Gunshots ring through the chapel of First United Methodist Church. An instructional video simulating shooting rampages plays on a projector screen hanging above the pulpit between two banners that read “Good Shepherd” and “Lion of Judah.”
It’s a weeknight at the church in Newkirk. More than 150 churchgoers from communities across northern Oklahoma listen as the movie narrator reminds them the U.S. has averaged “an active shooter event with four or more deaths, every 2.9 months” since 2006.
The congregants are preparing for a mass shooting, and they’re among thousands of Oklahoma churchgoers who are asking what they should do if a gunman walks into their sanctuaries.
Church members are flocking to training classes led by state security experts and considering carrying guns. At the same time, state lawmakers are considering legislation to extend legal protections to churchgoers who use lethal force.
One First United member, Linnae Colson, has graying black hair and a small build. If a shooter walked in right now, fighting wouldn’t be her first choice.
“It kind of depends on the situation,” she said. “I would hope that I would have a clear enough mind that I could protect myself enough, you know, hide behind something or whatever to be able to get out.”
Colson never dreamed she’d be training to defend herself from a shooter in church. It’s hard to reconcile the safety concern with her faith.
“We’re supposed to have faith in God, that he will protect us and take care of us,” she said. “Then, on the other hand, we’re also supposed to help out and be, alert.”
STAND YOUR GROUND IN CHURCH
Defending churches is also on the minds of state legislators. House Bill 2632, a measure that would extend the state’s Stand Your Ground law to places of worship, passed the Oklahoma House easily and is now in the Senate.
Rep. Greg Babinec, R-Cushing, sponsored the bill. During debate on the House floor in March Babinec told his fellow lawmakers of pastors who support the legislation and want their congregation armed.
“They’re happy about this,” Babinec said. “They like this and these are things that they’re already doing, and they want to have the immunity to be able to plan this out.
Under HB 2632, authorities would presume a worshiper who killed in self-defense had the right to use lethal force. The bill would give worshipers strong protection from arrest and prosecution. Religious organizations would also be protected from lawsuits.
HOMELAND SECURITY OFFERS CHURCHES TRAINING
Church gun bills also surfaced in Wyoming, Indiana, Virginia and Michigan after the high-profile November 2017 shooting at the First Baptist Church in Sutherland Springs, Texas, that killed 26 people and wounded 20 more.
Before that, a two-year-old church defense program offered by the state hardly got any attention. The state Office of Homeland Security, formed in 2004 to combat terrorism, had only taught two classes. When news about the Texas shooting broke, demand soared.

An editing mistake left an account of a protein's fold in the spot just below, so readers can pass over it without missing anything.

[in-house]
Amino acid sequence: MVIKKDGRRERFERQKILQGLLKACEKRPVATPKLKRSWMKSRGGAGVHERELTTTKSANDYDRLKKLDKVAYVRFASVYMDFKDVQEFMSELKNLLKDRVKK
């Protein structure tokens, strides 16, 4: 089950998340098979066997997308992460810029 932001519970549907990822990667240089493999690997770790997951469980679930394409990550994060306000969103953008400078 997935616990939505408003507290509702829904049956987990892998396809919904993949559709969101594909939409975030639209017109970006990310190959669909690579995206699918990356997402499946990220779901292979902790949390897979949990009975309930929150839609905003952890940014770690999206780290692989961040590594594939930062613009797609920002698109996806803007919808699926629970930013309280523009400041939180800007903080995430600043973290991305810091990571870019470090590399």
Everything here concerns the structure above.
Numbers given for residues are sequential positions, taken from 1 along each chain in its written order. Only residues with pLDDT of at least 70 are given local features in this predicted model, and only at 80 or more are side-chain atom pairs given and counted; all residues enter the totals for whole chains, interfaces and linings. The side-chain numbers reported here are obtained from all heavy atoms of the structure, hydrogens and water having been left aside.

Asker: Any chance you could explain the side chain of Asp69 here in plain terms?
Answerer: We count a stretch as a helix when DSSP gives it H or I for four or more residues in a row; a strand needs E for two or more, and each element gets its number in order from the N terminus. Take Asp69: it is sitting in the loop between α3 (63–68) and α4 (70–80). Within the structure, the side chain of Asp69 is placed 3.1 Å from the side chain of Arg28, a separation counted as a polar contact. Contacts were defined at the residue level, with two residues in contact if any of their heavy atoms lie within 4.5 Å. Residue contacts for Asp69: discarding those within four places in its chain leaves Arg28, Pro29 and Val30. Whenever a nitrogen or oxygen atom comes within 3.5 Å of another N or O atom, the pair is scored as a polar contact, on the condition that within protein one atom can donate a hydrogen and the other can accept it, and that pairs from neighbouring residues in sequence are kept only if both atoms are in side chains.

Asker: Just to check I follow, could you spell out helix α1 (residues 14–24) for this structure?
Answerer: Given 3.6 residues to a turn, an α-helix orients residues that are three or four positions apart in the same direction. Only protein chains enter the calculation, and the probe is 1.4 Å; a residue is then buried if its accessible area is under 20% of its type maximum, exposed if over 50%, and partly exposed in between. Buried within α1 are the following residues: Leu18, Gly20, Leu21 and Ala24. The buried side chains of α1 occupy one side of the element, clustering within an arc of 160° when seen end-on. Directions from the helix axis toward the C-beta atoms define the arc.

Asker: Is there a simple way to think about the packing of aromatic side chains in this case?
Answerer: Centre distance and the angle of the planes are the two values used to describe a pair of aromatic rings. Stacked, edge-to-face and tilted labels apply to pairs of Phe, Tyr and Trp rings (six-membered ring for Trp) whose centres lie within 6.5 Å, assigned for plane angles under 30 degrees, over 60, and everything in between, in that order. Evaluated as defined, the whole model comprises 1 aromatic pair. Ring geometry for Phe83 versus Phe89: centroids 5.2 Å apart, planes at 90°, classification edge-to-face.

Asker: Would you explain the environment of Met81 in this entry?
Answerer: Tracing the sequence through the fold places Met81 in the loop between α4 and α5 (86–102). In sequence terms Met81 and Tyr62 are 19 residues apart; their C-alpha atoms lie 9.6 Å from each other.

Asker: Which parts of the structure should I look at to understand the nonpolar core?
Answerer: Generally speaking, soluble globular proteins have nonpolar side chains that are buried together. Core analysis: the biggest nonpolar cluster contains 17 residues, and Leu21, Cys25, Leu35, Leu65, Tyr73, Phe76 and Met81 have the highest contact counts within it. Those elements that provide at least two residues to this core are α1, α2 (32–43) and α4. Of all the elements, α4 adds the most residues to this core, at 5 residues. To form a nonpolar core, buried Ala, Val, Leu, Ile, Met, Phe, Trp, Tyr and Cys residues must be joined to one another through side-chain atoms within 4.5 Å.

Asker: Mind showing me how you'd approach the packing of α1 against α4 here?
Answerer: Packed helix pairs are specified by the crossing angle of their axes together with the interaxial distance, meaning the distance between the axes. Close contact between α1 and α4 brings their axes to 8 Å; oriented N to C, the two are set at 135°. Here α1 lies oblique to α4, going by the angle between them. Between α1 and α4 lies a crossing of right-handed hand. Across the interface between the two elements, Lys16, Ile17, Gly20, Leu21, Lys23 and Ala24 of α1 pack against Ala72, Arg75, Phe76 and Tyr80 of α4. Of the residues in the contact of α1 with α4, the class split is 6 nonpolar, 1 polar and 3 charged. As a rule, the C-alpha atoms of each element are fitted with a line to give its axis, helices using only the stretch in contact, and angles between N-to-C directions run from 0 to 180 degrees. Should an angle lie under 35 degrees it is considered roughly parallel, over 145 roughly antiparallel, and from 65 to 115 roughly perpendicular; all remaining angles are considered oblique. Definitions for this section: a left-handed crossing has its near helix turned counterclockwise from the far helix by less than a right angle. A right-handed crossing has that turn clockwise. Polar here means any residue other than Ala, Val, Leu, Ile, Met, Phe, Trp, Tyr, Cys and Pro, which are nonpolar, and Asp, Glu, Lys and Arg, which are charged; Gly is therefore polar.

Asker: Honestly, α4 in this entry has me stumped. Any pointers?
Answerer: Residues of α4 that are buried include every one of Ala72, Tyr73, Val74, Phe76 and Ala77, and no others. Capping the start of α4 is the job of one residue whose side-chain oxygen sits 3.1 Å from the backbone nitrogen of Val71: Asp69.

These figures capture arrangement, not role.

“This, I think is the 35th and every one of them has 10 to 20 congregations represented,” said Jim McBride, retired highway patrol captain who works for the state security office and leads training programs across the state.
Since the Texas shooting, almost 2,000 Oklahomans from nearly 200 congregations have squeezed into chapels around the state for the free training, he said.
The training centers on three points. McBride says people need to plan for a “fight or flight” response during shootings and other deadly emergencies. “They’ve got to be able to either get out or fight and not just stand there and freeze,” he said.
Next, McBride says church members should create an emergency plan for everything, from weather to man-made emergencies. He also tells churches to check the building for weaknesses, like doors that can’t lock.
WHAT ABOUT GUNS?
The top question McBride gets: “Should church members carry guns?”
“Every congregation has a certain group that thinks everybody should be armed and they have another group that thinks nobody should be armed,” he said.
One benefit of armed churchgoers is a quick response in communities police will take a long time to reach. In a mass shooting, McBride says someone is shot every 15 seconds. First United is lucky: It’s a short walk from Newkirk’s police department.
There are cons to armed congregations, McBride says, including members’ backgrounds and level of firearms training, and how they react and function under pressure.
First United Pastor Susan Rice says her church allows attendees to carry concealed weapons, but they don’t have solid plans for defending against an attack. That’s why she requested McBride’s training.
“We wanted to not react in fear and chaos,” she says. “We wanted to be ready to react in a responsible way.
She says now leaders will make a plan to secure the church, and the whole congregation will breathe a little easier on Sundays.
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